Apparently the James Frey "kerfuffle" has yet to have much of a dampening effect on the production of memoirs:
Literary agents say they're seeing more memoir manuscripts and proposals than ever. Lee Gutkind, founder of the literary journal Creative Nonfiction and a professor of English at the University of Pittsburgh, says he gets 300-400 memoir submissions each month unsolicited, for his publication, which comes out three times a year. This reflects a change in the whole publishing climate, Mr. Gutkind says. In the past, writers would break into the business with autobiographical novels, and move on to other sorts of fiction. Now, "the novel's not hot anymore, and the autobiographical novel has been replaced by the memoir." Memoirs have become "the new door opening for first-time writers, young and old," he says. . . .
Gutkind's comment (and the article as a whole) does perhaps help explain the popularity of memoir. It appeals to the sort of reader and, more importantly, the sort of writer for whom writing is primarily a mode of "expression," a way to affirm the self, draw attention to one's own "life story." (Which is not to say that the memoir is inherently an inferior form or to deny that some writers have produced very fine books using the form.) For those perhaps too modest to push themselves onto tv directly ("Several trends are driving the popularity of the memoir today," this article goes on to say. "One is the public's continuing fascination with reality TV"), memoir is perhaps a somewhat more respectable substitute. And if in addition it lands you an appearance on Oprah, all the better.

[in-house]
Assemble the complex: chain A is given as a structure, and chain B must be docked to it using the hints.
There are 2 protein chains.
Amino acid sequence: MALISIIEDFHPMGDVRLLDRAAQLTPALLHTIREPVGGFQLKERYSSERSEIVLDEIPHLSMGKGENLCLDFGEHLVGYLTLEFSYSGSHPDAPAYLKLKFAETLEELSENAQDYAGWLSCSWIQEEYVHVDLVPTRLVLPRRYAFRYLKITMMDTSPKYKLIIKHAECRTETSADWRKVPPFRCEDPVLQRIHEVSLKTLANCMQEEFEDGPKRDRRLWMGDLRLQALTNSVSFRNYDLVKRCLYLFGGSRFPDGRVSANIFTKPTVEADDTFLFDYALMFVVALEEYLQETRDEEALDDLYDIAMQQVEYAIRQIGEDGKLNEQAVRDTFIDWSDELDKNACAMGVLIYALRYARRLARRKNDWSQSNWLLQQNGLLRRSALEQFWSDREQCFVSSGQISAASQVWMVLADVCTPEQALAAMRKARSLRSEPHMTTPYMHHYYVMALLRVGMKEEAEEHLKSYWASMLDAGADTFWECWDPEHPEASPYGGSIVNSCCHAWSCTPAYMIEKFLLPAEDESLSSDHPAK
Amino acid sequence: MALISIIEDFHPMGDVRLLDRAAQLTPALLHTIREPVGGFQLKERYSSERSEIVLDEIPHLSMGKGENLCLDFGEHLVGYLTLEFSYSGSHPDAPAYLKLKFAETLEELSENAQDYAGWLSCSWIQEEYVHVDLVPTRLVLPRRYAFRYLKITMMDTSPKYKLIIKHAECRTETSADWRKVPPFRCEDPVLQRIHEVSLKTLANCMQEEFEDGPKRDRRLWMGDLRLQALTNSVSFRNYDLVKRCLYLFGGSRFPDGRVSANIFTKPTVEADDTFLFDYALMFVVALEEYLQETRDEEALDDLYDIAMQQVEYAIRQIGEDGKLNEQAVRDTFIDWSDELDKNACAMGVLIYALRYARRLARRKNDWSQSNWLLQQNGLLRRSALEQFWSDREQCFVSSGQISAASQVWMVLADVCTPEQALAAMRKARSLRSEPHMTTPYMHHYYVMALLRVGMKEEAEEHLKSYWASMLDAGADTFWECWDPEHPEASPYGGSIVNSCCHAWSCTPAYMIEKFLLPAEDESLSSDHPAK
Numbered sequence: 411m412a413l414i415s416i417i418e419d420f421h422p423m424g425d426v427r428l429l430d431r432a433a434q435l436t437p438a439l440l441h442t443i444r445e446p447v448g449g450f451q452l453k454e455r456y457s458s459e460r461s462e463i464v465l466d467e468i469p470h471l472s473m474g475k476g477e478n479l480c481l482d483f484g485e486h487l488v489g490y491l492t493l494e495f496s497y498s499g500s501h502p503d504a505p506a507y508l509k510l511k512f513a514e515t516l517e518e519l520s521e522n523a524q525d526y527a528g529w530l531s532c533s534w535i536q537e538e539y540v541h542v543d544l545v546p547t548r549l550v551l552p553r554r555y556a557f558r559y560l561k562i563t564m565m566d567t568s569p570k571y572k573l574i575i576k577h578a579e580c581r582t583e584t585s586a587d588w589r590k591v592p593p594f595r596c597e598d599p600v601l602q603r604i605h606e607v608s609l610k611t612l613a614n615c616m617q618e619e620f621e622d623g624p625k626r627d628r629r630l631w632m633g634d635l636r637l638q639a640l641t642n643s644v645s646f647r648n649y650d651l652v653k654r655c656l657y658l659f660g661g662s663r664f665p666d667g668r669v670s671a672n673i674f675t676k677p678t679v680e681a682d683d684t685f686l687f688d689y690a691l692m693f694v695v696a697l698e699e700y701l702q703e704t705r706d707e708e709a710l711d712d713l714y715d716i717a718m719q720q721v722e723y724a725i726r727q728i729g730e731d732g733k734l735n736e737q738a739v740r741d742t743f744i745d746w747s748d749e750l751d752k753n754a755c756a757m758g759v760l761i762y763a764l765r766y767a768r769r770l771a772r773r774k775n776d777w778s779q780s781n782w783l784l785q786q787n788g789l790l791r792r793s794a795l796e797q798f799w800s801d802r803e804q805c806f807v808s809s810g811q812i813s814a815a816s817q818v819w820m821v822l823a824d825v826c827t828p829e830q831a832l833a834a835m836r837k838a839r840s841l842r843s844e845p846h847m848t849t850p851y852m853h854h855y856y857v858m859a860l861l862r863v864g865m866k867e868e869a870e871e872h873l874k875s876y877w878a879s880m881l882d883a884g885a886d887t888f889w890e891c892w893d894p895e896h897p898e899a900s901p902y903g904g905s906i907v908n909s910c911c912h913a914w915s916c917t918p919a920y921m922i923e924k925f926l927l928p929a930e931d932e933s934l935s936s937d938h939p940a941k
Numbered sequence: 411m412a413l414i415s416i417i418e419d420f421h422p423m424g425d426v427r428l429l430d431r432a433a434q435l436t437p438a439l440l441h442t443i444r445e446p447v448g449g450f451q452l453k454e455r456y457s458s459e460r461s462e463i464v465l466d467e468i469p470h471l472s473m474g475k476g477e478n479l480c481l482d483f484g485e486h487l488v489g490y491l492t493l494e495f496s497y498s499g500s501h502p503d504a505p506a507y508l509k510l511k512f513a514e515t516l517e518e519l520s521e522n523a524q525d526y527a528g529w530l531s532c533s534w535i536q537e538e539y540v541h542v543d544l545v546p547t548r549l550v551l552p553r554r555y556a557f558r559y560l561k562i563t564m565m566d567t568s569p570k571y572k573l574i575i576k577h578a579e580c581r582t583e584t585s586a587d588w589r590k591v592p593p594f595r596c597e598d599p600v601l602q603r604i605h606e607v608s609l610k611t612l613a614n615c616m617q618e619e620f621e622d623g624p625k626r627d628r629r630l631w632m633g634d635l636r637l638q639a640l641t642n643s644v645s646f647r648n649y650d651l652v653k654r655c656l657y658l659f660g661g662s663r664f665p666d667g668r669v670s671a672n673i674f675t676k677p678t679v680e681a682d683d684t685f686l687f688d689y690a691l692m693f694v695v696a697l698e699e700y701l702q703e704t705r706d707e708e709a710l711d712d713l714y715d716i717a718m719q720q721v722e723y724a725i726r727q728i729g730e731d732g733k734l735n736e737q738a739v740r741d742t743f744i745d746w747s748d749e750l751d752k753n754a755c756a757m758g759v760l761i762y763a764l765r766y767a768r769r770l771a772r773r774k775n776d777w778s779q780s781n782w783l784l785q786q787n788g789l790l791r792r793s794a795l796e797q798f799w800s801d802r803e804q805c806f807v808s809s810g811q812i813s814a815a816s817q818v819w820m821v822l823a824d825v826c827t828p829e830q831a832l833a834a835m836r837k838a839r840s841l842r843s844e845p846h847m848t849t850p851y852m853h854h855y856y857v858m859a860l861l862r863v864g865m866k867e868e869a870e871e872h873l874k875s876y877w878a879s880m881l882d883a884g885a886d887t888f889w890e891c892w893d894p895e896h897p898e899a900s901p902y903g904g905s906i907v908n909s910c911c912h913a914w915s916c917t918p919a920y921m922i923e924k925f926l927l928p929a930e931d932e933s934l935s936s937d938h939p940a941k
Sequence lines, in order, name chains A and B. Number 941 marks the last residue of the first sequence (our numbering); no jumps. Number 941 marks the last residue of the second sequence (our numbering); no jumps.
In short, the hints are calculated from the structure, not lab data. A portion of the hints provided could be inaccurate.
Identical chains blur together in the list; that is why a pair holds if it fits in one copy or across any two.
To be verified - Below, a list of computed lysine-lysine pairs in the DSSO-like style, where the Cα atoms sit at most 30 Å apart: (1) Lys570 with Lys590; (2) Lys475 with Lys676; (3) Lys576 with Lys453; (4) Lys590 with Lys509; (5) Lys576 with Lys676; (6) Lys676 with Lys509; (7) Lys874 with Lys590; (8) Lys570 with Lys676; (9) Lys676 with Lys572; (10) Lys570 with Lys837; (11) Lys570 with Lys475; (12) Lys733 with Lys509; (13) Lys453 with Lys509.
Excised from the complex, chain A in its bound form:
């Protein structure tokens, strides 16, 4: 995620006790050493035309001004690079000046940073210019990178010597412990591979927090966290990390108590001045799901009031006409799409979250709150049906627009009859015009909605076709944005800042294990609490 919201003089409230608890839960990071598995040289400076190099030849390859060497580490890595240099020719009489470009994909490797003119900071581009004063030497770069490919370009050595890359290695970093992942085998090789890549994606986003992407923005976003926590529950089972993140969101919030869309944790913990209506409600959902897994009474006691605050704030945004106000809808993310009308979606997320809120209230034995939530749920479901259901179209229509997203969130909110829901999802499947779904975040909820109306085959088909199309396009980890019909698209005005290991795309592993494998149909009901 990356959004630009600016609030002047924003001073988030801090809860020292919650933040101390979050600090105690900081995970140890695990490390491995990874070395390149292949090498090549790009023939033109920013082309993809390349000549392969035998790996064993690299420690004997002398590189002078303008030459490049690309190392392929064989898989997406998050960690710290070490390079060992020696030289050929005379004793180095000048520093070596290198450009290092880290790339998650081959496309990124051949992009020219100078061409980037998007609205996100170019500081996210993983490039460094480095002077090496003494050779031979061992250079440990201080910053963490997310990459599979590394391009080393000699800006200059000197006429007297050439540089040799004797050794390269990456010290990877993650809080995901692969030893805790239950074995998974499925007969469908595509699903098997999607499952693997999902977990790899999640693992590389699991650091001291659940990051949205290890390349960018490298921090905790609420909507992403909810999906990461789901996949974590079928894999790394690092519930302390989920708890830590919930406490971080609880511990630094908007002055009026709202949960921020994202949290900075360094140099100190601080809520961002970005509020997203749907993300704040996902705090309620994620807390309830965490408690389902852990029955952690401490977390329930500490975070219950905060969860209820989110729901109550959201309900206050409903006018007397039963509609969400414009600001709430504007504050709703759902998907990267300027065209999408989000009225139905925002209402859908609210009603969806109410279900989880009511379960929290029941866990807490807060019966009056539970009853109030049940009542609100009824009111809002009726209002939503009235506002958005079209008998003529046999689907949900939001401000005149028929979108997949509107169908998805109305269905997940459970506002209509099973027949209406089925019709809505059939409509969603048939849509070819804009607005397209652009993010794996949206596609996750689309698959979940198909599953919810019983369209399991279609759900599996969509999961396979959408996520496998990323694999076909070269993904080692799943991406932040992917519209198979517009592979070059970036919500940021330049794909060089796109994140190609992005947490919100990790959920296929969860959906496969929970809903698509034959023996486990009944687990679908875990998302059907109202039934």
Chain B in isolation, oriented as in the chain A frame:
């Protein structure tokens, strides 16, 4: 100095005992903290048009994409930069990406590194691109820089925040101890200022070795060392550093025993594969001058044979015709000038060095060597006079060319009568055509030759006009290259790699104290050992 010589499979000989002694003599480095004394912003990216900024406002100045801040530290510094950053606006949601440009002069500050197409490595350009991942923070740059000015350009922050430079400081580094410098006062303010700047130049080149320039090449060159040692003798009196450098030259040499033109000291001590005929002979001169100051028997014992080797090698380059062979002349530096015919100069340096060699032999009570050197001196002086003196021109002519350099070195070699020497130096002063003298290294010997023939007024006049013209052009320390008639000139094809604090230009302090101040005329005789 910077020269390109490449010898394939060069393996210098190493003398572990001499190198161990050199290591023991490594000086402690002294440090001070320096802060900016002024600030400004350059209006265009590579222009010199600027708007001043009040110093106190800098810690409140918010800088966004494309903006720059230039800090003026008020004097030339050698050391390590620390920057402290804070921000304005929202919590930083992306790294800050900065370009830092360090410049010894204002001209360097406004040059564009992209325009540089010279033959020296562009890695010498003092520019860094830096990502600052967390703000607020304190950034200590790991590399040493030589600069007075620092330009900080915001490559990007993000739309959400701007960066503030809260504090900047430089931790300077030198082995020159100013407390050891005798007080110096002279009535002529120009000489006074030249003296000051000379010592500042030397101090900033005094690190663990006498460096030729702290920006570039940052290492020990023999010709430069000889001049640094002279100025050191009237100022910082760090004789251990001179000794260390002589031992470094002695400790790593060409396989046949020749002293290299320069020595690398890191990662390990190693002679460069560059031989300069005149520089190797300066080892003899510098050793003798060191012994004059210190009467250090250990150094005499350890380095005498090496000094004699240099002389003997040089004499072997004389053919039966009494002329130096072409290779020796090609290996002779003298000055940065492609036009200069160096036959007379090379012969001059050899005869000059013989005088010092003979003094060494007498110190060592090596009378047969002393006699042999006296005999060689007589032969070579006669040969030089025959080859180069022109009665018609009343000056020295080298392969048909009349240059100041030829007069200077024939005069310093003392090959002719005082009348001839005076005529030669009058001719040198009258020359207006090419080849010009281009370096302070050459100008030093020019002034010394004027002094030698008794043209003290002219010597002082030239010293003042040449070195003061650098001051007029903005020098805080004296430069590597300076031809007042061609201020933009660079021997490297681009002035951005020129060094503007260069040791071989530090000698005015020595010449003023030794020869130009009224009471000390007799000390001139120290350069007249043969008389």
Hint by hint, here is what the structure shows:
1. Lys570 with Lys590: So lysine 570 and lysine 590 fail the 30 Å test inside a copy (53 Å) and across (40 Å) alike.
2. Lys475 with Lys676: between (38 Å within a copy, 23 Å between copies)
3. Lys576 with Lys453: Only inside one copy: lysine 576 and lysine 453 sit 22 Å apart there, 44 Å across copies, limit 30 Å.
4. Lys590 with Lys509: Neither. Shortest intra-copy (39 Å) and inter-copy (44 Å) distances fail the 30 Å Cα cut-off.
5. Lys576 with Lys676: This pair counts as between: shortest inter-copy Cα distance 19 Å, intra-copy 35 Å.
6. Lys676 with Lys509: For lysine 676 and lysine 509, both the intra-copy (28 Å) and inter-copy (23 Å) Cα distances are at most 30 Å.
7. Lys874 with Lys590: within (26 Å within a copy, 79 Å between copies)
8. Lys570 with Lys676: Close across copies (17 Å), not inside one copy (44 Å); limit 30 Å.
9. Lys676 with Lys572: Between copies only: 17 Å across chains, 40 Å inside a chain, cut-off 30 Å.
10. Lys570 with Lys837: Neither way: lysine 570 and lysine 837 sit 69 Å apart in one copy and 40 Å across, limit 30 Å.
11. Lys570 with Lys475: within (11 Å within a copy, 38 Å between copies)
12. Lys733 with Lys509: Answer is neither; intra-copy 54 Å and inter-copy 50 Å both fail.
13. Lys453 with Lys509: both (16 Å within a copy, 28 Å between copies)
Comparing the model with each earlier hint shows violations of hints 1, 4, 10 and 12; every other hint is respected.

That "In the past, writers would break into the business with autobiographical novels" is undoubtedly an accurate statement (especially if your goal is to "break into the business," rather than, say, create an accomplished work of fiction), and futher reminds us that even among those authors ostensibly writing fiction, depicting one's life story has always been perhaps the most immediate impulse motivating many, if not most, "first-time writers." An interest in peeking in on such stories is probably the motivating impulse for most readers of fiction as well (at least those readers interested in what is called "literary fiction"). Except now they have books that can satisfy that interest more directly, without the intervening demands of fiction (although apparently these books can make a few things up), and undoubtedly such books will continue to attract readers, as well as writers, for whom emotional directness (through vicarious drama) is the preeminent value, while those of us more interested in fiction as aesthetic invention will watch as books written to embody this value go on losing their market share.
Which might not be such a bad thing. Readers who want their books to be continuous with their television habits will get what they want and will presumably put less pressure on fiction writers to obsess over personal dramas. Writers who feel the need to "express themselves" can do so without restraint; those who really are interested in fiction as a literary form that transcends preoccupation with self and provides a kind of pleasure separate from the voyeurism encouraged by memoir might be able to pursue this interest with a clearer sense of their actual audience. In other words, those of us who prefer serious fiction, tiny remnant though we might be, would be able to indulge our vice without all of the interference and distraction brought to bear by the "book business."